Please vote wisely. You find yourselves holding the future and the dreams of our communities in your hands. Think of the legacy that you want to leave. Do not be swayed by a short-term political agenda. I trust that you will make the right decision; that you will choose the lesser of all evils and work with District 20 staff to keep class sizes as small as possible and keep as many children as possible in their communities, where they

are connected to their teachers and close to their families. I trust that you will vote to keep K-9 children in Rossland.

 

Sincerely,

Michèle Desjardins

 

Just Posted

Rossland’s Seven Summits school gets grant to grow global presence

Centre for Learning hopes to triple the number of international students it has

Rural dividend grants awarded in Kootenay West

Kootenay West MLA Katrine Conroy made the grant announcements in Trail on Thursday

Rossland skiier places third at U19 Canadian Ski Cross

Rossland’s Sage Stefani finished out a successful season.

Warfield elementary school celebrating 70 years

Webster Elementary School officially opened April 23, 1949; open house and events planned next week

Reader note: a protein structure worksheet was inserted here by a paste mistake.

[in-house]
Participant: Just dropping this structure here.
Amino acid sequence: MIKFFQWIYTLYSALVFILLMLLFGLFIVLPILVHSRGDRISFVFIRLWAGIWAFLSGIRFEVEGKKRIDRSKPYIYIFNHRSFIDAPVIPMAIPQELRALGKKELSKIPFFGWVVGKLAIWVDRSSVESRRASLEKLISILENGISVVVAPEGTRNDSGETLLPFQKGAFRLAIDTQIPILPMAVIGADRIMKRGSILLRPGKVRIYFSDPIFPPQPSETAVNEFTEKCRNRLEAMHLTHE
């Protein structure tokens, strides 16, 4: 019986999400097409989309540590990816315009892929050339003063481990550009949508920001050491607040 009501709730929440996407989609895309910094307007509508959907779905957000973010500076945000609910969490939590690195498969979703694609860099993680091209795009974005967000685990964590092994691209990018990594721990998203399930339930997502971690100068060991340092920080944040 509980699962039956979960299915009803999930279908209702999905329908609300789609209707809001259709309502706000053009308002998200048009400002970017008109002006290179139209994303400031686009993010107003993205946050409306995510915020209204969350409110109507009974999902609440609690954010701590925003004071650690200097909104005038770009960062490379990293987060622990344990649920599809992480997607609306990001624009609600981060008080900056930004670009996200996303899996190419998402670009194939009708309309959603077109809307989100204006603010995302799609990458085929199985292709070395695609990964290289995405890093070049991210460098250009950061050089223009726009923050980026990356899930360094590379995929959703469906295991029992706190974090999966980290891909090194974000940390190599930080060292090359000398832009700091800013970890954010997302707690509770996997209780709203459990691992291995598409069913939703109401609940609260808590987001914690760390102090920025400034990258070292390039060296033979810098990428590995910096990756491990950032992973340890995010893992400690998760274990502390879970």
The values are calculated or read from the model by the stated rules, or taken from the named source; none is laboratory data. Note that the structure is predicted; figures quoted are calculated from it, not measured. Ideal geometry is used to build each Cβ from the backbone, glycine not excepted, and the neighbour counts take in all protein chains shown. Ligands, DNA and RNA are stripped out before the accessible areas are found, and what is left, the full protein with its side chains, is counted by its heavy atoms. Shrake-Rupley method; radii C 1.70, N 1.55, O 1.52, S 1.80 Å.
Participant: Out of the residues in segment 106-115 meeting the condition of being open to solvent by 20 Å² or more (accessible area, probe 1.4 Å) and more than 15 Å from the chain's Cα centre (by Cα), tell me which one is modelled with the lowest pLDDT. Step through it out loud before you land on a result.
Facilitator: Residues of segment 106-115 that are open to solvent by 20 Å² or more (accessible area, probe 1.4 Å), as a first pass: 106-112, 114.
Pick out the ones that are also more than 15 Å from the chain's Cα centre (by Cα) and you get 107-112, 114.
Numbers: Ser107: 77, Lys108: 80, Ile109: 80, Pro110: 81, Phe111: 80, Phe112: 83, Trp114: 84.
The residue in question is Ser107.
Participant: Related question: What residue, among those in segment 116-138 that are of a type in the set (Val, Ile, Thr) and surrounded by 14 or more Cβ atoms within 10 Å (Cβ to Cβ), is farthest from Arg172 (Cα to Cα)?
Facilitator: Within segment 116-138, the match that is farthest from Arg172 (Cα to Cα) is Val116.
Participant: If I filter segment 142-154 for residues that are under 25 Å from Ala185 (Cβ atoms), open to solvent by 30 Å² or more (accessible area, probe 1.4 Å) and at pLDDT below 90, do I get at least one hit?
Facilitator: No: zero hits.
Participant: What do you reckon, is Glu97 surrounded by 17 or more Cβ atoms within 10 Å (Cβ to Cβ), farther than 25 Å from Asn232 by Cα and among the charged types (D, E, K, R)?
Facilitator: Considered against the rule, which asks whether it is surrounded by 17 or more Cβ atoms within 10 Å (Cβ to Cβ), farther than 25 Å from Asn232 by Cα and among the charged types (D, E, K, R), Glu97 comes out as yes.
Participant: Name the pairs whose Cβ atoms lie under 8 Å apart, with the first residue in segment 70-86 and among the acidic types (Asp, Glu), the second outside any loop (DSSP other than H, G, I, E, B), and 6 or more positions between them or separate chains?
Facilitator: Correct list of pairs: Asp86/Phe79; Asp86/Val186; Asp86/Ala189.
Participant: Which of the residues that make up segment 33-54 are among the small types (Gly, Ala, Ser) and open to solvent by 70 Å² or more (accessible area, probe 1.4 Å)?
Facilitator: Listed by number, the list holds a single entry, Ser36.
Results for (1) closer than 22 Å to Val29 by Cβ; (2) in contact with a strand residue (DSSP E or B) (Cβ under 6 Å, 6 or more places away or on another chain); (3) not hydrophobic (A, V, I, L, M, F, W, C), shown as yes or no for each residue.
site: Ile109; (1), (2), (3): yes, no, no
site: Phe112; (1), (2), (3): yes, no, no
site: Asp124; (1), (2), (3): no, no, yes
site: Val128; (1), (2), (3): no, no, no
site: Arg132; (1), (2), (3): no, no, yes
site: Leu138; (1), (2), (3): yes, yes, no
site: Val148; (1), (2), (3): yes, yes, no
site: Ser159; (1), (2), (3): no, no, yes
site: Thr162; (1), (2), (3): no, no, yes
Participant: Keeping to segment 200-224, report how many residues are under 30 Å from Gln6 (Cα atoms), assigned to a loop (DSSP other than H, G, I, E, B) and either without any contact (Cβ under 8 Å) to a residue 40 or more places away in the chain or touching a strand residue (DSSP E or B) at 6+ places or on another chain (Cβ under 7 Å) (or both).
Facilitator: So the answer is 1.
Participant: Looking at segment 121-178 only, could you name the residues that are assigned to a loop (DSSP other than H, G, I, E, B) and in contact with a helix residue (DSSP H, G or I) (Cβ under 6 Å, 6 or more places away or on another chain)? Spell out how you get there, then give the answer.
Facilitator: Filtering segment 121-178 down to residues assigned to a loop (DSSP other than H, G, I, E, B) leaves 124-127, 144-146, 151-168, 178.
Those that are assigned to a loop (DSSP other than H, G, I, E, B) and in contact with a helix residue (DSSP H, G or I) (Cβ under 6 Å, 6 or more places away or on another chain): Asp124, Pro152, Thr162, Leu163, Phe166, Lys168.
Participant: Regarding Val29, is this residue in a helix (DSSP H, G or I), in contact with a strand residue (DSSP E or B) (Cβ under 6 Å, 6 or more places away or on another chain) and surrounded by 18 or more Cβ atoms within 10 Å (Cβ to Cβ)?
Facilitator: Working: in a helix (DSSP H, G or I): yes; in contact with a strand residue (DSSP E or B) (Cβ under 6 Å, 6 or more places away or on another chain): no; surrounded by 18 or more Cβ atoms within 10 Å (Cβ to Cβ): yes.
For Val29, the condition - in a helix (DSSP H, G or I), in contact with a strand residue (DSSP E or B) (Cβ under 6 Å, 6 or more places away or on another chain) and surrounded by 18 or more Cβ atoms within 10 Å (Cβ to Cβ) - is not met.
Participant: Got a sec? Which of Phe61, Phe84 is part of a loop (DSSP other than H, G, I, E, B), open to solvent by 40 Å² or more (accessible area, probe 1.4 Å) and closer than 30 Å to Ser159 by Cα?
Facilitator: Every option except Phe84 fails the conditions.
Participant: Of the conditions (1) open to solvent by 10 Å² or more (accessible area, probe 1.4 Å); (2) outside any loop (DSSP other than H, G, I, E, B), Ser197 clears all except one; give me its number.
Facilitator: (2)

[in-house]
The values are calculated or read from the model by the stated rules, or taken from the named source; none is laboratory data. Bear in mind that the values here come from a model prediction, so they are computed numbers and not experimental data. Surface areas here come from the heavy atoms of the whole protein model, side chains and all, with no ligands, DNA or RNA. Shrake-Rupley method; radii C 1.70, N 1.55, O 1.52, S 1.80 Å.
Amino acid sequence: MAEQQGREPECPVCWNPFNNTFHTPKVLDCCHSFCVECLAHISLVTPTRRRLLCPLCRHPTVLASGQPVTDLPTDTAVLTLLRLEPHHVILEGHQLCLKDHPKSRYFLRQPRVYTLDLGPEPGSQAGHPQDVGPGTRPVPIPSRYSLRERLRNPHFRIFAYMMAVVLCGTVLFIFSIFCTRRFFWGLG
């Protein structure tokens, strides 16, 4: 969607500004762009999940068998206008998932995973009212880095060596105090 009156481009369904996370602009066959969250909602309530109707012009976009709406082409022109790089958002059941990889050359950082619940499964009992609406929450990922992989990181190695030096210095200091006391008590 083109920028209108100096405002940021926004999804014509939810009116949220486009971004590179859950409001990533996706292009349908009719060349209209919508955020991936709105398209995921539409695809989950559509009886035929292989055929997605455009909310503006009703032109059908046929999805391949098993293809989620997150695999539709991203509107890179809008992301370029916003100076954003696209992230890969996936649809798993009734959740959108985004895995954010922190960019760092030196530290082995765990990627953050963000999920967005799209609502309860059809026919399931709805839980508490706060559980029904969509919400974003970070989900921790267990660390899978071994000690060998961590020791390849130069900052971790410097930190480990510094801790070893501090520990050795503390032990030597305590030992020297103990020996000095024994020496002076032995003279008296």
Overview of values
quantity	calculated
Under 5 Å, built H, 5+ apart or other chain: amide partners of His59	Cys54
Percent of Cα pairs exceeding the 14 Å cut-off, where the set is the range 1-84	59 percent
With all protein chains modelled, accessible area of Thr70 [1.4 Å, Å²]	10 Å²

Trail workshop offers path forward for affordable/supportive housing

Columbia Basin Trust, BC Housing and the CMHC all spoke during the Tuesday morning session

Dashcam captures close call between minivan, taxi at busy Vancouver intersection

To make the footage more nerve-wracking, a pedestrian can be seen standing at the corner

Waste not: Kootenay brewery leftovers feed the local food chain

Spent grains from the Trail Beer Refinery are donated to local farmers and growers, none go to waste

Deck collapses in Langley during celebration, 35 people injured

Emergency responders rushed to the Langley home

B.C. mom wages battle to get back four kids taken from her in Egypt

Sara Lessing of Mission has help from Abbotsford law firm

VIDEO: Fire guts Peachland home

Crews are still on scene pumping water onto the blaze in the Okanagan neighbourhood

$6K raised in one day’s time for family of woman gunned down in Penticton

GoFundMe launched for family of Darlene Knippelberg, to pay for funeral costs and other expenses

B.C. mountain biker sent home from hospital twice, despite broken vertebrae

Released in Maple Ridge to go home with three fractured vertebrae

Seven tips to travel safely this Easter long weekend

An average of three people are killed, and hundreds more injured, each Easter long weekend in B.C.

Seattle’s 4-20 ‘protestival’ enjoys tolerance, some support – and B.C. could do the same

Seattle’s Hempfest a large-scale occasions with vendors, prominent musical acts and thousands of attendees

Most Read